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Vodafone protest in Oxford

Sit down | 30.10.2010 18:49 | Public sector cuts | Social Struggles | Oxford

The Vodafone shop in Cornmarket, Oxford was closed for over an hour as activists staged a sit-in to protest against the company being let off from paying £6,000,000,000 in taxes by the Lib-Con government whilst the the same government cuts services from older people, students, the unemployed, the sick, and most other people that are not millionaires.

I was almost disappointed at how easy it was to get into the shop. Given that the protest had been widely and publicly advertised, I was expecting greater resistance. But there was none of that - on the stroke of 2pm around 30 of us sat down in the Vodafone shop, and the doors were closed.

The dude from the police gave a little talk about how he was there to facilitate peaceful protest, and asked how long we would be there. He then immediately contradicted himself, by saying we would be arrested if we didn't leave at the appointed time. And, of course, he asked to be taken to our leader - (external link, your IP address will be logged).

As is the manner of sit-down protests, not a lot happened then, So we amused ourselves with various sing-alongs - : : : (external links, your IP address will be logged), and received loads of support from people passing by the shop. By this time the private security guard had locked the doors to the shop - apparently for health and safety reasons. Whose health and whose safety was being protected by locking peaceful people inside a building was never clear to me. But it did push us to an 'outside the box' solution when food was delivered - (external link, your IP address will be logged).

The action came to a end starting with this speech from the store manager - (external link, your IP address will be logged) followed by the police threatening to arrest everybody for aggravated trespass. At this point the demo somewhat fell apart. The ad-hoc way that the demo had been organised (emails and the like saying get to the shop at 2pm, sit down, and we will take it from there) meant we didn't really have an agreed position on what to do next. Some people left straight away, others waited a bit, and some seemed like they might have been in it for the longer term. Before we could have even a brief discussion about this the police stepped in and arrested on activists (handcuffs and all).

This led to many other activists leaving and many others (to my shame, including me) being stood around not too sure what to do. Luckily one activist had the presence of mind to grab the arrested person and, detecting that there wasn't much support for being in it for the long term, suggested to the police that if the arrested person was de-arrested, we would all leave peacefully. The copper agreed. But ...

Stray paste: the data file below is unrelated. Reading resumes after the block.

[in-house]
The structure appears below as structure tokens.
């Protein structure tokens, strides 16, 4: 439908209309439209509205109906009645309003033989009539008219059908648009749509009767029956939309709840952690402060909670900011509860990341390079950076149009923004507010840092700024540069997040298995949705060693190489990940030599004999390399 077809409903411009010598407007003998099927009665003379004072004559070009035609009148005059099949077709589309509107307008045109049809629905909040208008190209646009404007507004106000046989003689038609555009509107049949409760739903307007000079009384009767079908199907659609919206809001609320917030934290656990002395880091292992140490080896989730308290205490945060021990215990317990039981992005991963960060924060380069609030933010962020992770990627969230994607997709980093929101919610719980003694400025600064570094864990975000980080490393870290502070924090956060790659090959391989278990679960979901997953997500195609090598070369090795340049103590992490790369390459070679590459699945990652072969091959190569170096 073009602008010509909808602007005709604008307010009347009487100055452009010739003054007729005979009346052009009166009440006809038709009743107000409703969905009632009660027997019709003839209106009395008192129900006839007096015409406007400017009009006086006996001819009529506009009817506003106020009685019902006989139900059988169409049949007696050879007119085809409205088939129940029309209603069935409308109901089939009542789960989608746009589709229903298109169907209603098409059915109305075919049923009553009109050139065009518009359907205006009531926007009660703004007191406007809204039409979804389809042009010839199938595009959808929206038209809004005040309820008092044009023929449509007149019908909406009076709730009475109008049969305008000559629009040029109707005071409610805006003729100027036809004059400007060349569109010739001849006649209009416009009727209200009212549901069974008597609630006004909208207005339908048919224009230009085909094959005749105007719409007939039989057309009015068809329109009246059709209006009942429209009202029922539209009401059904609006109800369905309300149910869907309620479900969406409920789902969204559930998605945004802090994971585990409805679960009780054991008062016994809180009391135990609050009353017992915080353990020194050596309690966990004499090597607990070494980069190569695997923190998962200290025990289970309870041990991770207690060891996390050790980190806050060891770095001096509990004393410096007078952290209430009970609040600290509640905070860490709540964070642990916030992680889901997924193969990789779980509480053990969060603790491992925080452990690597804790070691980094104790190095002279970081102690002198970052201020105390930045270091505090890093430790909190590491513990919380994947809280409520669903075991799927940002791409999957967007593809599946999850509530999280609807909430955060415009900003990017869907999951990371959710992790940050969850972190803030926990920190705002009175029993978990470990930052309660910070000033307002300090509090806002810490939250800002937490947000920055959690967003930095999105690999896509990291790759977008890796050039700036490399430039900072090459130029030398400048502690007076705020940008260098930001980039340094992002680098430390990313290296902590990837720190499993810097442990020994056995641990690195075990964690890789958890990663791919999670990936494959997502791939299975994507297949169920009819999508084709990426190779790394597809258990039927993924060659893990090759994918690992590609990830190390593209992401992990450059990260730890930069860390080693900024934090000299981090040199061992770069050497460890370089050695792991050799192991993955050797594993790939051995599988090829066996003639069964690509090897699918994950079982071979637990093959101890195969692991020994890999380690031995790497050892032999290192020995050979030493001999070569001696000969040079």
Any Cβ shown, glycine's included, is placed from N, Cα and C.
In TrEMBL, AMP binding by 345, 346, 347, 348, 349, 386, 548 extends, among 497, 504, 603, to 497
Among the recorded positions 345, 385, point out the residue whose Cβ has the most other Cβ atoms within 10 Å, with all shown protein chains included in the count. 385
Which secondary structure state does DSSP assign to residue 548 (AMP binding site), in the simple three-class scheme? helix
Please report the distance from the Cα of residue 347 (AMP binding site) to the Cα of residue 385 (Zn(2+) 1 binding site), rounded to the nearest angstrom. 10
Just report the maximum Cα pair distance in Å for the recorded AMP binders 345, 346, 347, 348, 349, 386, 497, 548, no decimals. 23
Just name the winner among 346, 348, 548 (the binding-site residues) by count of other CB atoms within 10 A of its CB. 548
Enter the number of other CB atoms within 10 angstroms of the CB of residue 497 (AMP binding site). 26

You can never trust a copper. The arrested bloke was escorted out of the shop, followed by everybody else. As some of us walked out, we couldn't see him so asked our supporters who where outside (and who had no idea what had been agreed re: de-arresting) where he had gone. 'They've taken him around the corner.' WTF! So a few of us sprinted around the corner where the coppers were about to put him in a van. A bit of argy-bargy followed with lots of us grabbing the arrested guy, telling the police that they had agreed to de-arrest him, and that he was definitely not going to be in a van. To cut a long story short, he was finally de-arrested on the street. And, after receiving far better and more accurate legal advise from fellow protesters that the police, he didn't give his name and address.

We all then returned to the street protest outside Vodafone - (external link, your IP address will be logged) for a bit. A few of us then decided to go to another Vodafone shop - in the Claredon Centre - for a very fluffy chant / banner / leaflet type affair. The centre security were definitely non-plussed with us, and were pretty violent to one person at least. The police turned up (surprise) and gave the standard aggravated trespass threat. We decided we that there are better things to get arrested for than holding a banner, so we decided to call it a day.

Conclusion & reflection
A good short notice action. But we activists need to be tighter on what we do when threatened with police action. But this was just one protest - many more against the cuts will be happening. We will learn, and we will come back stronger and in more numbers.

Sit down


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